Meanwhile, overeager promoters had cleared more grain fields, built more factories, sunk more mines, and laid more railroad track than the markets could bear. For their part, bankers had made too many shaky loans to finance all that unfounded speculation.

European investors, reacting to a financial panic that had begun in Vienna in May, withdrew capital from the United States, much of it in railroad building. The 12-year-old Wall Street banking house Jay Cooke & Company (of Civil War-financier Jay Cooke, 52), which had been the financial agent for the 3-year-old Northern Pacific Railway, failed on Thursday, September 18. The next day, Black Friday, prices plummeted on the New York Stock Exchange, which had to close for 10 days. The Freedman's Savings and Trust Company, which had made several unsecured loans, went under, too; black depositors who had deposited more than $7 million ($110 million in 2006 dollars) in the company lost all their savings.

By the end of the year, some 5,000 business firms had failed, millions of working Americans were obliged to depend on soup kitchens and other charities, and tens of thousands came close to starvation. An army of New York City unemployed battled with police in a chaotic riot.

Debtor farmers of the agrarian West and South advocated an inflated currency to wipe out farm debts. These "cheap-money supporters" reasoned that more money meant cheaper money, which would mean rising prices and debts that were easier to pay off, and, insisting that a shortage of money was the cause of the hard times, they organized the Greenback Party in Indianapolis, IN. They advocated issuing greenbacks until as much money was in circulation as in the boom times of 1865, thereby creating prosperity. They also demanded control of the corporations, honesty in government, conservation of natural resources, and other widescale reforms.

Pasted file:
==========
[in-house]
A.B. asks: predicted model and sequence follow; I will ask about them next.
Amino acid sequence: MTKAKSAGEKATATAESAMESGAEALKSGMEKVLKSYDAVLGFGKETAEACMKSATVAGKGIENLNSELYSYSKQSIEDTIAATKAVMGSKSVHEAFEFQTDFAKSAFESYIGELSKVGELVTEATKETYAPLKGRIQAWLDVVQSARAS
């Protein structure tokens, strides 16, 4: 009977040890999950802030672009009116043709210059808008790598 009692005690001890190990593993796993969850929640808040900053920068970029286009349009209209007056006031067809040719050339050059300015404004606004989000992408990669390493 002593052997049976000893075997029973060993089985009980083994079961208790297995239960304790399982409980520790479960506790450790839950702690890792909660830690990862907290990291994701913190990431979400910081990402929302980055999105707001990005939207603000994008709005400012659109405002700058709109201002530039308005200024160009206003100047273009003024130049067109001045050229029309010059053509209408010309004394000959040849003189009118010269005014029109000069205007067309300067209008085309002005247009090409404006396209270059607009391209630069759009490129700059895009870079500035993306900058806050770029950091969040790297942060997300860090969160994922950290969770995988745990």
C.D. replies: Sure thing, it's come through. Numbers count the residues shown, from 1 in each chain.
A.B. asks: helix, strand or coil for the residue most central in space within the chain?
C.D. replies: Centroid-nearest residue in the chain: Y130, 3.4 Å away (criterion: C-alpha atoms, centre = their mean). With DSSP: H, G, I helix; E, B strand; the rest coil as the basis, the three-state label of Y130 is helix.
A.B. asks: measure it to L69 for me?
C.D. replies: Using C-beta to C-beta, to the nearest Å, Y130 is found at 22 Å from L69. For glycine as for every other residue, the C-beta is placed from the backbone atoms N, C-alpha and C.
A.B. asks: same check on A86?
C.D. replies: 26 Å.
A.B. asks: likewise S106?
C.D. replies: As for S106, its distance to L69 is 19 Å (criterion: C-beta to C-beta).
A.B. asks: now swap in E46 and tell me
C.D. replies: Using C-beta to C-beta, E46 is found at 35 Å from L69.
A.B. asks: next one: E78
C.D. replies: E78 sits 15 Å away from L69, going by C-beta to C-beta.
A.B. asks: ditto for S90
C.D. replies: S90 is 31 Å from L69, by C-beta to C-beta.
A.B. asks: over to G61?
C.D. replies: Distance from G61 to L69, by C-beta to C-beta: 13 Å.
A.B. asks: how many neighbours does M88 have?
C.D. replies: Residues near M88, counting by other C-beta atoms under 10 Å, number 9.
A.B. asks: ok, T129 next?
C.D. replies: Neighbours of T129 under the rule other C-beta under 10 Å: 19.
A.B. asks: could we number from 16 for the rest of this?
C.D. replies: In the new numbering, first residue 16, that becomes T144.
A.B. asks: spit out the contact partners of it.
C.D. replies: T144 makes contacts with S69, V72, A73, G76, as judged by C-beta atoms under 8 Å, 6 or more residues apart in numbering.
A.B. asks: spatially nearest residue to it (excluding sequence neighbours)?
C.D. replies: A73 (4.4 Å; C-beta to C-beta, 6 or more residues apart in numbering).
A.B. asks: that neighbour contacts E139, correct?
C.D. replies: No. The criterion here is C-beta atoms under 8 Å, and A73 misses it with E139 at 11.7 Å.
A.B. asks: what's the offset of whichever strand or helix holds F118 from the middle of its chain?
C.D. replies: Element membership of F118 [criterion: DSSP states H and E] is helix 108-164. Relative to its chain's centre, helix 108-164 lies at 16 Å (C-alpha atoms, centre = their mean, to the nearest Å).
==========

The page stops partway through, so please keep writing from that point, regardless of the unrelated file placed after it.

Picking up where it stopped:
Of course, creditors, the "hard-money supporters," advocated the exact opposite policy. They did not want the money they had lent repaid in depreciated dollars.

Industrialists, almost all of them identified with the Republican Party and enjoying the tariffs that that party had secured, paused in their building of new factories (waiting for the economic slump to end). These businessmen constituted a new class of gaudy, brassy, noisy, extravagant millionaires, plutocrats who defended their unbridled capitalism and their heartless contempt of the poor by adapting the theory of Charles Darwin: survival of the fittest.

More and more Americans, formerly self-employed farmers or artisans, were becoming wage earners toiling in the new factories, continually fearing unemployment from swings in the business cycle or simply from arbitrary whims of the businessmen. (And with the Panic of 1873, many of them were indeed unemployed.) The sweat of these laborers was lubricating the robust new industrial machine, but the laborers themselves shared very little of the benefits enjoyed by the plutocrats. Like the Roman galley slave, the worker was merely an unskilled and easily replaced lever puller for a depersonalized, soulless, conscienceless corporation.

Workers had been struggling to organize themselves into unions. The 7-year-old 600,000-member National Labor Union, had attracted the skilled, the unskilled, and farmers, but it had excluded Chinese and had made only nominal efforts to include women and blacks. Dealt a severe blow by the depression, the union feebly continued to lobby Congress to promote workers' interests, including arbitration of labor disputes and pleading for an 8-hour workday (if any hours were available for workers still to work). The adjunct Colored National Labor Union for black workers was also crippled by the depression.

Workers in the 4-year-old Noble and Holy Order of the Knights of Labor continued to meet in Philadelphia as a secret society with passwords, handshakes, and a private ritual. Such secrecy forestalled possible reprisals from employers. With its slogan

An injury to one is the concern of all